|Updated: 7/02 10:00 am
||Published: 7/02 9:59 am
Your tax money spent at one of America's most luxurious resorts.
An exclusive report from FOX23’s Scott MacFarlane revealed federal judges convened a conference over the weekend, but chose a remarkably elegant place to do hold it.
The resort has posh amenities such as 4 p.m. afternoon teas in a regal dining room and a luxurious indoor pool.
Federal judges in the fourth circuit, which includes North Carolina, West Virginia, Maryland and Virginia, staged an official conference at the world famous Greenbrier Resort, four hours west of Washington, D.C., this weekend.
They used that resort rather than using a government building in DC or the conference room of a chain hotel.
Taxpayers paid for the rooms, $270 a night for judges and federal court staff.
“All kinds of posh amenities, everything a federal judge would want to be pampered with are available there," said Pete Stepp with the National Taxpayers Union.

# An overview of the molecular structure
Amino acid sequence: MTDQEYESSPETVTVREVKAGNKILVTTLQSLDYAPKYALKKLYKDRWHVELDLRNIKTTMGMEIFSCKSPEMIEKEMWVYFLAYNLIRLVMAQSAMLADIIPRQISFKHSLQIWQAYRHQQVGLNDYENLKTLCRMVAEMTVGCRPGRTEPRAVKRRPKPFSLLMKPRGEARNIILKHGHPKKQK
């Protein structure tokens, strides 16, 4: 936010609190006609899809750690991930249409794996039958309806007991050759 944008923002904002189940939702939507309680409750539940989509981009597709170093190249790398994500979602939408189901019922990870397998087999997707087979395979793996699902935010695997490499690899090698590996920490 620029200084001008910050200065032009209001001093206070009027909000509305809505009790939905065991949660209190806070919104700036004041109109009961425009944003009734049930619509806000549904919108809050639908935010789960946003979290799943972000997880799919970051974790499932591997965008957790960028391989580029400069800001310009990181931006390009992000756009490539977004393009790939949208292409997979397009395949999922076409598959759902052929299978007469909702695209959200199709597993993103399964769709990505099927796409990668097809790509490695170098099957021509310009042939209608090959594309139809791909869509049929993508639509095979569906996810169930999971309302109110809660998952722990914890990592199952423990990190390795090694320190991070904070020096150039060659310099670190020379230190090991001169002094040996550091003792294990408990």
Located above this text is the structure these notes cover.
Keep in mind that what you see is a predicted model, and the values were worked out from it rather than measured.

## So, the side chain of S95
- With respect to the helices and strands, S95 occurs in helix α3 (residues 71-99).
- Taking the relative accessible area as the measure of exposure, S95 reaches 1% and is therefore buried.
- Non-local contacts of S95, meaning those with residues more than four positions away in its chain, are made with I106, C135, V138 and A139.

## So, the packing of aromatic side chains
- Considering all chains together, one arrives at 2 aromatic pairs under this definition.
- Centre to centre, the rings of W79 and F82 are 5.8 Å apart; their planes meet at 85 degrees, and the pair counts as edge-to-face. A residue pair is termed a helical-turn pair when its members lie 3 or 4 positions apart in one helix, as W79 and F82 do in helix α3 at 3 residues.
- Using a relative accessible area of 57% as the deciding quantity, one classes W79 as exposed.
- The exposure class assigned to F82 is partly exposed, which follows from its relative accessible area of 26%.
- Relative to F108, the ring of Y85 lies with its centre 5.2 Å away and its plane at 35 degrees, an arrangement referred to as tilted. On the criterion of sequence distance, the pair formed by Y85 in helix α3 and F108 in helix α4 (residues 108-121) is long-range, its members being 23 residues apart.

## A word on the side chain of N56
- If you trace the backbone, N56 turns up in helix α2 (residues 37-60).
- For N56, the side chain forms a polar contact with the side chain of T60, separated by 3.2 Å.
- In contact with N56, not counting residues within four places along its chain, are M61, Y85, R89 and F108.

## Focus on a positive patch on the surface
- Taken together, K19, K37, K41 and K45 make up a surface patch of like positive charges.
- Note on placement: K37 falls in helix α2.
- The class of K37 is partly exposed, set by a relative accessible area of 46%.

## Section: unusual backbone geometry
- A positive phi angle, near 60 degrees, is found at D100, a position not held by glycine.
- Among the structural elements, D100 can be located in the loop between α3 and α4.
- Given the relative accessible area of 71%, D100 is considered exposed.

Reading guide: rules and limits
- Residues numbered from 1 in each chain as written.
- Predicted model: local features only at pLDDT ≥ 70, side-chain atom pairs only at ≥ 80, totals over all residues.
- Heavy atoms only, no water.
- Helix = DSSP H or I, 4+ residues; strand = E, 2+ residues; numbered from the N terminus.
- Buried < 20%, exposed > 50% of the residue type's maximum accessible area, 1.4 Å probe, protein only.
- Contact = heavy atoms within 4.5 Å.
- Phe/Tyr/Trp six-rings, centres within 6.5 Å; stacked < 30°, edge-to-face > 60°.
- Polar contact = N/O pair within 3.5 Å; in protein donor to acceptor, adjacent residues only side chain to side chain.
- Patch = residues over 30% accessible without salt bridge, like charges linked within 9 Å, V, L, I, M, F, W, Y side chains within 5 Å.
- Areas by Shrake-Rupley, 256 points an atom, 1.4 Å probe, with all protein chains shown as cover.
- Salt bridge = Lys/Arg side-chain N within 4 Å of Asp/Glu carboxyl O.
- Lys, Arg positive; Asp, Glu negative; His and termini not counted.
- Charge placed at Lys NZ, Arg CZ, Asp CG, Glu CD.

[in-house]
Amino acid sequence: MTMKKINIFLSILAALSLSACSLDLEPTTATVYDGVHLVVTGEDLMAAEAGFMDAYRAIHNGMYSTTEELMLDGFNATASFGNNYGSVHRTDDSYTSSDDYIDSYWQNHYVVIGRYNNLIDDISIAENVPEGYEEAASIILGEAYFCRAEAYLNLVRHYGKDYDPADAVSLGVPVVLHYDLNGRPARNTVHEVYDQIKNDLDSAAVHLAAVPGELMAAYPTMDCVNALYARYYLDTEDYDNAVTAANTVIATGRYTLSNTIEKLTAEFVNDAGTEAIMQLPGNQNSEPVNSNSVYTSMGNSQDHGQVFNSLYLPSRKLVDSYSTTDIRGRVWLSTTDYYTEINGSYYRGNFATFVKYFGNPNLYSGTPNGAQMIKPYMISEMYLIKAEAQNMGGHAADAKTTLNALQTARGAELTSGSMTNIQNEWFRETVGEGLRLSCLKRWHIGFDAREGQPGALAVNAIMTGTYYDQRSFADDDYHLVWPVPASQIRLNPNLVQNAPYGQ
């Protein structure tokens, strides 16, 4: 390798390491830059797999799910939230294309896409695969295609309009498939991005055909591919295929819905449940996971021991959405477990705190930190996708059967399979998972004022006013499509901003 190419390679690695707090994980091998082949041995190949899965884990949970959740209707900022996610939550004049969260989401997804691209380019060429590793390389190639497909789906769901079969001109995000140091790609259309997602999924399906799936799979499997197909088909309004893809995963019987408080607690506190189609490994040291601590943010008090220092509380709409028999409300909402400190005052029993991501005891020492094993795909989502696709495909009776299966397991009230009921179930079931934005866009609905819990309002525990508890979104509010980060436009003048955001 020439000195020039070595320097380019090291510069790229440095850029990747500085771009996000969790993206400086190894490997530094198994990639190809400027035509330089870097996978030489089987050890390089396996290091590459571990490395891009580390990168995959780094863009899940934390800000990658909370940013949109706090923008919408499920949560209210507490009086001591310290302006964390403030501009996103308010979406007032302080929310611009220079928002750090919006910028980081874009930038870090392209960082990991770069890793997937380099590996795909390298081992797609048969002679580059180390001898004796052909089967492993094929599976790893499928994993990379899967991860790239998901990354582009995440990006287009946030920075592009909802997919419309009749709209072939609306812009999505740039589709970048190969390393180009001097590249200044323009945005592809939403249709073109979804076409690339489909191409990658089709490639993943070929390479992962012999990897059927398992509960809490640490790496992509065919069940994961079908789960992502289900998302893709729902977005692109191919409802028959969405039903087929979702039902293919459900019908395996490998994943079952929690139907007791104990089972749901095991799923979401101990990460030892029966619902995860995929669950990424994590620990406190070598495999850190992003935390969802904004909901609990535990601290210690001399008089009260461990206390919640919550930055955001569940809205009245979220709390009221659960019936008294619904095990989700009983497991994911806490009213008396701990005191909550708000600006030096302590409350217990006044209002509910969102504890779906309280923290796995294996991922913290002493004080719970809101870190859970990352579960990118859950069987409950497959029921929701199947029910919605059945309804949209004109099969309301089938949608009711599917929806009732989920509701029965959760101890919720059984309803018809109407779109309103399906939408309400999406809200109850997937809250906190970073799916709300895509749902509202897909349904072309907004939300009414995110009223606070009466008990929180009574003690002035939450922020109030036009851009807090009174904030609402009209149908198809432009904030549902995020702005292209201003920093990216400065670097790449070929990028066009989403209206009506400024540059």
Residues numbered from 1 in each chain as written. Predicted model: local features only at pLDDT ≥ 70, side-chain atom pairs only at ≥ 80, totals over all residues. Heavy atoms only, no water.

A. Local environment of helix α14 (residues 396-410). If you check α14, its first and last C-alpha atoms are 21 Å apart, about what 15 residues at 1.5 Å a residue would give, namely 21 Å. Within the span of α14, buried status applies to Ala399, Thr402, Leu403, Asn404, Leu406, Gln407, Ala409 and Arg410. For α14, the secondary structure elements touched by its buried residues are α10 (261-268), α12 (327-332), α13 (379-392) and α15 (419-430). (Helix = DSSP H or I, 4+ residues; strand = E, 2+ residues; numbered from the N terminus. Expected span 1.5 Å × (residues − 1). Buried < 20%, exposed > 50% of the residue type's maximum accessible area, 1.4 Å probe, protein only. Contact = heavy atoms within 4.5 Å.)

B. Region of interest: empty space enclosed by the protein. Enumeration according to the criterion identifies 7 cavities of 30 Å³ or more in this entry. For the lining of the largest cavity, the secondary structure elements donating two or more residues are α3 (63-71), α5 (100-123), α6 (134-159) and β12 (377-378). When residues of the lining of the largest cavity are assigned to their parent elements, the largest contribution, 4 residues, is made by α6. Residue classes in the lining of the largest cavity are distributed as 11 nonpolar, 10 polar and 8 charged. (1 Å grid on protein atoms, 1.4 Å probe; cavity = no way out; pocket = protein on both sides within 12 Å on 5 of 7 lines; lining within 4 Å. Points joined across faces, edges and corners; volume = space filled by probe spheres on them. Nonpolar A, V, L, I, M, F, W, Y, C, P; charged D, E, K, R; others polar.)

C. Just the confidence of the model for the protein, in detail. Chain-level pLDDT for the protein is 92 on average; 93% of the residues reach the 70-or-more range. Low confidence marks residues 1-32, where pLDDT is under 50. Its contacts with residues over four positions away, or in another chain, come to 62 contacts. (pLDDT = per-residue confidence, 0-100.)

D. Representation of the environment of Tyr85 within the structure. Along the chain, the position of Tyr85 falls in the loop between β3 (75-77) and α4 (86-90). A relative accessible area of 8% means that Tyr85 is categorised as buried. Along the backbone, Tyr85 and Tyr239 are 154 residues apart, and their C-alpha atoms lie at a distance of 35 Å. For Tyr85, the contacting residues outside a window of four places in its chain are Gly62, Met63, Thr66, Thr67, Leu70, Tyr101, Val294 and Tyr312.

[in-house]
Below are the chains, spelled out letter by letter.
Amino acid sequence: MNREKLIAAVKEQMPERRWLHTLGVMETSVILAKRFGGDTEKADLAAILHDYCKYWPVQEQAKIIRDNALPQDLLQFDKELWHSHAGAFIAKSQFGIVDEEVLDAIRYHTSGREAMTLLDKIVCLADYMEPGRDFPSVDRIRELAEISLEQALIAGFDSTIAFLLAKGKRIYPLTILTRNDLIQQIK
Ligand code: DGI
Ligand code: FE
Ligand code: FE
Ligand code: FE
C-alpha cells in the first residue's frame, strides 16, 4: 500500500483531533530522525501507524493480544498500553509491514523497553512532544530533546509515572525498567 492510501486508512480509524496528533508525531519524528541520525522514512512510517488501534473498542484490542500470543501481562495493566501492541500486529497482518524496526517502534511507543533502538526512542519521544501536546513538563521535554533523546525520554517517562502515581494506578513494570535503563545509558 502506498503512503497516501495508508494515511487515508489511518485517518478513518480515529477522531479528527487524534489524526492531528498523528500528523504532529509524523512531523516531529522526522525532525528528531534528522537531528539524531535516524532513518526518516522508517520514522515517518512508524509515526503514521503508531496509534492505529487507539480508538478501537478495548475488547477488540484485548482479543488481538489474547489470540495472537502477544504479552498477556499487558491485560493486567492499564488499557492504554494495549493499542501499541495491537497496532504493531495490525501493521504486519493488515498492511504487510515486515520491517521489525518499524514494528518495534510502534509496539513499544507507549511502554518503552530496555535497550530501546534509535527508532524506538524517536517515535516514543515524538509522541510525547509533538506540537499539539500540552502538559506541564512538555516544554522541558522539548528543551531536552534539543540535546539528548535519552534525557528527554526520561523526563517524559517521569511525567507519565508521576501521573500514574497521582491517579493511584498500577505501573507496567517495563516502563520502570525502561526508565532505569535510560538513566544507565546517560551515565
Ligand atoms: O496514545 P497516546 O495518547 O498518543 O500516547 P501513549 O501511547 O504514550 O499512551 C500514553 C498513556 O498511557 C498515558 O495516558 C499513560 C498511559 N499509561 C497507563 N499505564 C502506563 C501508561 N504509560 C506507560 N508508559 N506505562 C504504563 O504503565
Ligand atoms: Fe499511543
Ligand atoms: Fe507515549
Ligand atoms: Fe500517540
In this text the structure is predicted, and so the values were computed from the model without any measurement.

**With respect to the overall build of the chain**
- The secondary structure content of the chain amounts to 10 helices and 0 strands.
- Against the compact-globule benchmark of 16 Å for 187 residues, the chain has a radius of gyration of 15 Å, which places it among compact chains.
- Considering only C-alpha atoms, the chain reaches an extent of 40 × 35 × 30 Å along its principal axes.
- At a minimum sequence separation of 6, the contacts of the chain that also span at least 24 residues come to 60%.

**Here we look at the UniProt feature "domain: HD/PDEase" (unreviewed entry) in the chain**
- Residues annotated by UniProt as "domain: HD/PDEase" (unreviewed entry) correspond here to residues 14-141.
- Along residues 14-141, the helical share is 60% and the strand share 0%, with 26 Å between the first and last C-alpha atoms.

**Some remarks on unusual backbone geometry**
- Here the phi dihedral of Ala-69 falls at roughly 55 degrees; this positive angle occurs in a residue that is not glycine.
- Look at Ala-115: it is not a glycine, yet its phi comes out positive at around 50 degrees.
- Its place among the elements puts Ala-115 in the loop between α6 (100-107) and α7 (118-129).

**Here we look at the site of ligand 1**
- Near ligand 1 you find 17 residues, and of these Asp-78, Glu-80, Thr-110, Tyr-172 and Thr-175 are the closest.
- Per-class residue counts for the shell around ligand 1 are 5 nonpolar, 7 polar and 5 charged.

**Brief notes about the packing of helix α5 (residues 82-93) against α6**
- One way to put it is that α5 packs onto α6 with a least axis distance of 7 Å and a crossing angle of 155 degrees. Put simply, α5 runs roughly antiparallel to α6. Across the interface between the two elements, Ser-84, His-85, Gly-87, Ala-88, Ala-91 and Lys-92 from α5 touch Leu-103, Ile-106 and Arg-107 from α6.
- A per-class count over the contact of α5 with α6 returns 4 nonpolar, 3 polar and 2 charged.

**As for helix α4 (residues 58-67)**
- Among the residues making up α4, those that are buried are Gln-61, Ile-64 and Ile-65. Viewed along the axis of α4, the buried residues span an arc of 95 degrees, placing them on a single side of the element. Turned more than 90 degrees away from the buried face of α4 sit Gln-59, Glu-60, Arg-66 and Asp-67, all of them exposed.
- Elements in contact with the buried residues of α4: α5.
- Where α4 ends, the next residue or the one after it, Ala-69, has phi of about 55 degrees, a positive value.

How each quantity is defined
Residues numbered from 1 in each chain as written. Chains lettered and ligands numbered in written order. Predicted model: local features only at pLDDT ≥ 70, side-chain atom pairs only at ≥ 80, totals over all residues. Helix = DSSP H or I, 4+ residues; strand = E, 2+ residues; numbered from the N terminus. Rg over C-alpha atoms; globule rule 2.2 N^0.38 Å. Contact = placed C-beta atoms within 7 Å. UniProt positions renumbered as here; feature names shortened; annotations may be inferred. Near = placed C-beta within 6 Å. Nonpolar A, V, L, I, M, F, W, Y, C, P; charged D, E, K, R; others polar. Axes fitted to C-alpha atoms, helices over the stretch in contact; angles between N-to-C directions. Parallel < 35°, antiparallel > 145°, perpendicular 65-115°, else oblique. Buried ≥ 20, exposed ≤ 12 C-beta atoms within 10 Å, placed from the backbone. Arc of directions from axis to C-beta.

A court spokesperson told MacFarlane that taxpayers only footed the bill for the travel.
They did not pay for the entertainment on site, which includes horseback riding, indoor and outdoor tennis and a famed candy shop.
About 150 federal judges attended FOX23’s review found many federal court dockets nearly empty late last week because of it.
So many judges were at the resort there were few behind the bench Friday.
To be clear, there was business done at the Greenbrier, including a speech from the Chief Justice of the US Supreme Court on Saturday.
Many federal court circuits have staged conferences, too. Including the ninth circuit, which used tax money to send judges to a conference in Maui last year.
In the eighth circuit conference in the Midwest FOX23 found judges were given access to an event called the College Basketball Experience, including a slam dunk competition.
Taxpayers funded the travel.
A spokeswoman for the 4th circuit, the judges who went to the Greenbrier this weekend, said they made a change in 2003.
Instead of annual conferences they are staged every two years to save money.
Taxpayers also picked up the transportation for the judges to get to the resort; a spokeswoman said the Greenbrier is within driving distance for virtually all participants, so travel costs are minimal.